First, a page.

Sixtus V(redirected from Felice Peretti)
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Sixtus V,1521–90, pope (1585–90), an Italian (b. near Montalto) named Felice Peretti; successor of Gregory XIII. He entered the Franciscan order in early youth. After ordination (1547) he became a famous preacher and was patronized by zealous leaders of the Counter ReformationCounter Reformation,
16th-century reformation that arose largely in answer to the Protestant Reformation; sometimes called the Catholic Reformation. Although the Roman Catholic reformers shared the Protestants' revulsion at the corrupt conditions in the church, there was present
..... Click the link for more information. , notably Cardinal Carafa (later Paul IV), Cardinal Ghislieri (later St. Pius V), St. Philip Neri, and St. Ignatius of Loyola. From 1556 to 1560 he was counselor to the Inquisition in Venice, but his ardor caused trouble and he was recalled. In 1565 he went to Spain to look into the alleged heresy of the archbishop of Toledo and so seriously fell out with his companion, Cardinal Buoncompagni (later Gregory XIII), that they became enemies for life. He was created cardinal (1570) by St. Pius V. As pope, Sixtus V set about bringing order to the Papal States, which were at the mercy of brigands, and his methods, if violent, were successful. He spent a vast amount of money on the city of Rome, rebuilding countless churches, beautifying streets, and erecting new buildings and monuments. Sixtus left a tremendous surplus in the treasury by collecting new taxes, selling offices, and making loans. He reorganized the pontifical administration and the sacred college, which he set at the number of 70. He gave his sanction to Philip II of Spain's attempt to invade and restore Catholicism to England, an endeavor that ended in the defeat of the Spanish Armada. Sixtus V is one of the great figures of the Counter Reformation. He was succeeded by Urban VII.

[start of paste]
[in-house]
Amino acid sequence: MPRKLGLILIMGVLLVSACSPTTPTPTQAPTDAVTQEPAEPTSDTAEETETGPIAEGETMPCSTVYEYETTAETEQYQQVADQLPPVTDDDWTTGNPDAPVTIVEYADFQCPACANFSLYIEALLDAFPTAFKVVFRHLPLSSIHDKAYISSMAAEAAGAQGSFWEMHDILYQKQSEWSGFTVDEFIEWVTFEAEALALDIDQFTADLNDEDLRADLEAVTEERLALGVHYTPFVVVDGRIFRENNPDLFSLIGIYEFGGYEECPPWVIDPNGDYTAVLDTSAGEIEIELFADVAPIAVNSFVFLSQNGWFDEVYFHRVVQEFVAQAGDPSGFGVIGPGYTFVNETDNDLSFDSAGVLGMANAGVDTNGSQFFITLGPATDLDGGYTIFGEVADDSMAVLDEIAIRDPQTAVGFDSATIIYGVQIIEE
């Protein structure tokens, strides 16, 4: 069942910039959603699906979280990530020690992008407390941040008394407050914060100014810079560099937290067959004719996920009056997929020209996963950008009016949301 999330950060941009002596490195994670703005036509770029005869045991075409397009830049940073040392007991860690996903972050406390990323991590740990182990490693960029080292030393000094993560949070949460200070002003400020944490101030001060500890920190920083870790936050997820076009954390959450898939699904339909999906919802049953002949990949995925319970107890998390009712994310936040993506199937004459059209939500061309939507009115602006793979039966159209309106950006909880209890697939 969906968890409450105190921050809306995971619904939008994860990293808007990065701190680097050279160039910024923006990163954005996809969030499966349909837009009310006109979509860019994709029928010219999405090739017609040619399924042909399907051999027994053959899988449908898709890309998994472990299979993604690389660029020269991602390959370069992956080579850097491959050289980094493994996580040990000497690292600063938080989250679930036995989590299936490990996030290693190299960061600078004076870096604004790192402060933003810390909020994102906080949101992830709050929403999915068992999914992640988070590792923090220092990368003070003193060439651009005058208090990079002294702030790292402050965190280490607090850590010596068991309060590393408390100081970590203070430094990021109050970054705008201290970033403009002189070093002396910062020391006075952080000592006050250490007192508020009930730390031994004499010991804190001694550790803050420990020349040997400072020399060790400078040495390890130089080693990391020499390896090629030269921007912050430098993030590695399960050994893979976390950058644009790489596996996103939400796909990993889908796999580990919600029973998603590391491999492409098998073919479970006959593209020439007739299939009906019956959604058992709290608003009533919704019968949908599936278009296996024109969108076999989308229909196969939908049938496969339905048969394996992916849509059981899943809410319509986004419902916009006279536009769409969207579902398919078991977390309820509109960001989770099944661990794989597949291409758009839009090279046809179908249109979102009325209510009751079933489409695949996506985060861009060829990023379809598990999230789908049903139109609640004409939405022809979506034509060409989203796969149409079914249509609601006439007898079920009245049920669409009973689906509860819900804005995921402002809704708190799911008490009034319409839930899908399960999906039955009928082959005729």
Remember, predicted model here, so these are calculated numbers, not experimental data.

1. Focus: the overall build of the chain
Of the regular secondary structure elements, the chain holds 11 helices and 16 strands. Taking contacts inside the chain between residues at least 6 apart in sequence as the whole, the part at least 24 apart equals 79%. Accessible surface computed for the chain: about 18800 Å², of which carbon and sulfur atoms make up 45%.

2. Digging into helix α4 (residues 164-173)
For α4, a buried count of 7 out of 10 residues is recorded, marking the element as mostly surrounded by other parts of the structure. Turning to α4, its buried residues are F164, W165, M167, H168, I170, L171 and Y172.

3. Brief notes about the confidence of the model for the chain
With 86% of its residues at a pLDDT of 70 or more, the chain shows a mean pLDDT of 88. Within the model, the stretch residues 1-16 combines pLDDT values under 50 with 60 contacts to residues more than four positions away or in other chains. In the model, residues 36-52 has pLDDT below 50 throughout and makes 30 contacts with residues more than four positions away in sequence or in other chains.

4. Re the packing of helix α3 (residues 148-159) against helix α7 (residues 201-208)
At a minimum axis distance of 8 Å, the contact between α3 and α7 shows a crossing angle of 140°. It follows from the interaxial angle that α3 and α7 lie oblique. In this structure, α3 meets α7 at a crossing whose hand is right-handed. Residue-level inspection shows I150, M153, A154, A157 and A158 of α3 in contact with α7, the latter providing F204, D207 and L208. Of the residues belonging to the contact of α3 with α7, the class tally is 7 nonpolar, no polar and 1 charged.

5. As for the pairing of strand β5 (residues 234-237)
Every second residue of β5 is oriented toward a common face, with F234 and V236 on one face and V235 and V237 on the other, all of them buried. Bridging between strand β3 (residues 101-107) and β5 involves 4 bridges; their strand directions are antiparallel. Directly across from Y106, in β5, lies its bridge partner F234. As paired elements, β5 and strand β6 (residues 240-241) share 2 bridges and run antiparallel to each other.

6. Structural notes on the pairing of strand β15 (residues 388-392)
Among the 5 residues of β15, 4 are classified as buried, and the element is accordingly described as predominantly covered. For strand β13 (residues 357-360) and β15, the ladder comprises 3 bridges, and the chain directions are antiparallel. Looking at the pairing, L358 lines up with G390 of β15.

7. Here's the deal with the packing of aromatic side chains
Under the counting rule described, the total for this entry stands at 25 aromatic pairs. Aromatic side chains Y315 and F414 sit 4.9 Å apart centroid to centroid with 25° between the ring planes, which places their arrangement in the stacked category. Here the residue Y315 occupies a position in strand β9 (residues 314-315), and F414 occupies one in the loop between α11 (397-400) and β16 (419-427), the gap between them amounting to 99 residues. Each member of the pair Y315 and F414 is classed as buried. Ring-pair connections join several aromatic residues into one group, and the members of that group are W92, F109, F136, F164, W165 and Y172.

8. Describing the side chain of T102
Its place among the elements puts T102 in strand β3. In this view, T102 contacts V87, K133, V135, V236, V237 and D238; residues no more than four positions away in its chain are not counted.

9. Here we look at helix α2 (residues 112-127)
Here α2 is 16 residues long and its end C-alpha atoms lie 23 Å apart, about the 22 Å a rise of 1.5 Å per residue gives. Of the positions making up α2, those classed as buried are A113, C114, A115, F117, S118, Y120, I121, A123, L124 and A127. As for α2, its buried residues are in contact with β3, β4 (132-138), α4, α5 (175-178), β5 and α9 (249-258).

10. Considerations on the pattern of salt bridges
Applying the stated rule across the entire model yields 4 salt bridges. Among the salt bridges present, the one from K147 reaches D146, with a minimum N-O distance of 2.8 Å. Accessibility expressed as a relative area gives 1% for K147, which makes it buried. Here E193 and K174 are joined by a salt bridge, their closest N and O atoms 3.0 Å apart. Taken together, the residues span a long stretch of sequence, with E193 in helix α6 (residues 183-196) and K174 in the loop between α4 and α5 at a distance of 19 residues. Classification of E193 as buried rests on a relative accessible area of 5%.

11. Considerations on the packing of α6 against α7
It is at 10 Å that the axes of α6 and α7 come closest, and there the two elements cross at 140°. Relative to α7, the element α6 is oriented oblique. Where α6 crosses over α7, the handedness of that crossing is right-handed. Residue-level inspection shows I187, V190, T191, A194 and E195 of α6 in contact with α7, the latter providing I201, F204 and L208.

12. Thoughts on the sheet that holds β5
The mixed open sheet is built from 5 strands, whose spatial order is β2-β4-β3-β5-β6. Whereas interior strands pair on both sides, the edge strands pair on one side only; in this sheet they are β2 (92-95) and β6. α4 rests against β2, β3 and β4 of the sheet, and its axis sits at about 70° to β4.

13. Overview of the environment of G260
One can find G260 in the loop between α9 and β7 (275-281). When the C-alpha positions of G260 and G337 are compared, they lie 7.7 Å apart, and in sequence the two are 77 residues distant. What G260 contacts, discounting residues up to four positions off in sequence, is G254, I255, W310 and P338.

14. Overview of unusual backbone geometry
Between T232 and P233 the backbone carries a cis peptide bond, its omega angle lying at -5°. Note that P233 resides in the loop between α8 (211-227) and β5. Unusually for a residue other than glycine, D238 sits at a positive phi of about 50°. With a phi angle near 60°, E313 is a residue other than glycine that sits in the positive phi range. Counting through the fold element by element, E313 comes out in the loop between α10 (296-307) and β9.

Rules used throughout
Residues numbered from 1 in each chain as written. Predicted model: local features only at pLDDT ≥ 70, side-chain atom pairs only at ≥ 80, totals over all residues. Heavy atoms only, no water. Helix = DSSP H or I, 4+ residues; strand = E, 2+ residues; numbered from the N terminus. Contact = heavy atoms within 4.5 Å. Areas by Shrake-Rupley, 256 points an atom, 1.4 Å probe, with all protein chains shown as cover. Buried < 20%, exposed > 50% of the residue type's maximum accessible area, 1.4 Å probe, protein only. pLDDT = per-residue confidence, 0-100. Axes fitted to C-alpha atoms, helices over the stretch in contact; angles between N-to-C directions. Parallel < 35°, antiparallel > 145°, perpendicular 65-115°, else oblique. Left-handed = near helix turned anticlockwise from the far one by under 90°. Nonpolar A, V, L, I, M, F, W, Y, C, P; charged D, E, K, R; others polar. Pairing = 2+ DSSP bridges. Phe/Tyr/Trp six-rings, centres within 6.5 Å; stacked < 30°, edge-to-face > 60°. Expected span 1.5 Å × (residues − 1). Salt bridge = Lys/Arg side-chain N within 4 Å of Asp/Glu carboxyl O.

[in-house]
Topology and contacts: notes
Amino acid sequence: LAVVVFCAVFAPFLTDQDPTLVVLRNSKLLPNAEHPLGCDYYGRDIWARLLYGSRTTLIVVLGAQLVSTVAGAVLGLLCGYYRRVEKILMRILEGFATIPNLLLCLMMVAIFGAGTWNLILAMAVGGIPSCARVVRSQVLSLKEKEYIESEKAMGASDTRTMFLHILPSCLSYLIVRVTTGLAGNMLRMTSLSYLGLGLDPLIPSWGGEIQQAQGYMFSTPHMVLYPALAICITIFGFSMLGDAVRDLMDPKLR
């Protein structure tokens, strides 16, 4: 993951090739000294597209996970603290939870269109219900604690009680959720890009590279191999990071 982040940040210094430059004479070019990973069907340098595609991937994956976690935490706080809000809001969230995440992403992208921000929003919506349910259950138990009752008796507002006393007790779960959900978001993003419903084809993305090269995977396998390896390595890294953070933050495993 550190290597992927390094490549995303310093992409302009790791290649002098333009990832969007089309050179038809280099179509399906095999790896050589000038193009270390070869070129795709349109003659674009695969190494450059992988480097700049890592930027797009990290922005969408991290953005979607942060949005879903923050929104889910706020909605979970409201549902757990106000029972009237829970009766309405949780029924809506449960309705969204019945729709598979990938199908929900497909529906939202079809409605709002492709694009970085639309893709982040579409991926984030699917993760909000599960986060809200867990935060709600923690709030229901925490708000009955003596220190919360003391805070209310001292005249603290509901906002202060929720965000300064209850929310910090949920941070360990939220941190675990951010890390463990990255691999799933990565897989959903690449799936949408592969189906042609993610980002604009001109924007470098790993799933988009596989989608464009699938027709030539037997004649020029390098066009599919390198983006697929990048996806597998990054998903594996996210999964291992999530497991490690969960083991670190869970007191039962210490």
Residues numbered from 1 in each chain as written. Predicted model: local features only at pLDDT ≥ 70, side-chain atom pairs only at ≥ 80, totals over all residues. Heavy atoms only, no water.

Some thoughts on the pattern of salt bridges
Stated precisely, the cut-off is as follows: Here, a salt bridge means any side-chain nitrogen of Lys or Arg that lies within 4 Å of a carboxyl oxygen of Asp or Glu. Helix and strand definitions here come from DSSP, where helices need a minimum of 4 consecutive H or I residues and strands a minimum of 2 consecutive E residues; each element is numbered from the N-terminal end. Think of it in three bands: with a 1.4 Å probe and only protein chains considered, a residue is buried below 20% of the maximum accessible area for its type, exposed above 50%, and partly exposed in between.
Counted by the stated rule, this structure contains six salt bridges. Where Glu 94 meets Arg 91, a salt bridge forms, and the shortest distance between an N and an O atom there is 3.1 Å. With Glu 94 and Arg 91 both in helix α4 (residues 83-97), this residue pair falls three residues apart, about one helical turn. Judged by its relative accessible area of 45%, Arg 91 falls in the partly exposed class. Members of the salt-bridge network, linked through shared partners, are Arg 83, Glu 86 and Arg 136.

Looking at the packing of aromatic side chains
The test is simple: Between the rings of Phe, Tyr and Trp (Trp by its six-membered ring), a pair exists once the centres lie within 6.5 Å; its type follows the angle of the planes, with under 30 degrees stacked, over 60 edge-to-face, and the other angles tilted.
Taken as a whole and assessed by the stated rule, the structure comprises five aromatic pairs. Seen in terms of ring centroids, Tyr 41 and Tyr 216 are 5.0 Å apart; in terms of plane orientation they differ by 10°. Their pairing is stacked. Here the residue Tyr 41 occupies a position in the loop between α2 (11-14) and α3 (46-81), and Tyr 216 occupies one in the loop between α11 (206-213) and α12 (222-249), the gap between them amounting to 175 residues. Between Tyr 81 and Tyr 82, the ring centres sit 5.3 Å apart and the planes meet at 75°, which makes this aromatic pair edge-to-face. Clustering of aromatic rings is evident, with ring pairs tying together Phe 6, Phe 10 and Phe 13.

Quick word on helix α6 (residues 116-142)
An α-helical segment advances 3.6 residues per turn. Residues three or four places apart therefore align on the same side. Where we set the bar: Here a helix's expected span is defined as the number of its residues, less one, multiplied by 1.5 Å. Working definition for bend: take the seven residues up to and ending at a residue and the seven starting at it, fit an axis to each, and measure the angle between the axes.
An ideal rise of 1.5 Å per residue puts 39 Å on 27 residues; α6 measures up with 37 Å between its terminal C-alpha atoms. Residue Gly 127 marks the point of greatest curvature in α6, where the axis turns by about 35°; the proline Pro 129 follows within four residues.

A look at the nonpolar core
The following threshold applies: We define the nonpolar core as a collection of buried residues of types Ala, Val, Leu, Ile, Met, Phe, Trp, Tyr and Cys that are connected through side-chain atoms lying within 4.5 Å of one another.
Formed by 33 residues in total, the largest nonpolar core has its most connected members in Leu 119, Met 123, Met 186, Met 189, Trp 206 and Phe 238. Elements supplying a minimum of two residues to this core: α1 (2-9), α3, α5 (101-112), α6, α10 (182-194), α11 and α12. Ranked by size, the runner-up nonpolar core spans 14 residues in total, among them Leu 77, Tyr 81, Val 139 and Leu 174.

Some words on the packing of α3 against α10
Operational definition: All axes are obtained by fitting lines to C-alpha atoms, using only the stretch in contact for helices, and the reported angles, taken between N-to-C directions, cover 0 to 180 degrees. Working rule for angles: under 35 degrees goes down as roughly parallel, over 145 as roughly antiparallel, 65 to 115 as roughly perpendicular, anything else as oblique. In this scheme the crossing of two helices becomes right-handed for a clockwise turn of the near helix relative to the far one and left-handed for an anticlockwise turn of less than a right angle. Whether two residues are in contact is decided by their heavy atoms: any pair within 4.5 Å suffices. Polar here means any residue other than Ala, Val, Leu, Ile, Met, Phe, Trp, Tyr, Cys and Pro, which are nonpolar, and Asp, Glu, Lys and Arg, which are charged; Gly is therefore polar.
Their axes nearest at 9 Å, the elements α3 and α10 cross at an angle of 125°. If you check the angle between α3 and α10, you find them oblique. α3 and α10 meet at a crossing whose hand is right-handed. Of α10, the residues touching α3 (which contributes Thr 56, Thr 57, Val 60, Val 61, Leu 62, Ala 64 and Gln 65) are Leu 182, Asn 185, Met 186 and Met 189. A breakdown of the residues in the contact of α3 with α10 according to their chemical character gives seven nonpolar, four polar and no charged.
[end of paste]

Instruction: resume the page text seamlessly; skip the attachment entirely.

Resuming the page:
original name Felice Peretti. 1520--90, Italian ecclesiastic; pope (1585--90). He is noted for vigorous administrative reforms that contributed to the Counter-Reformation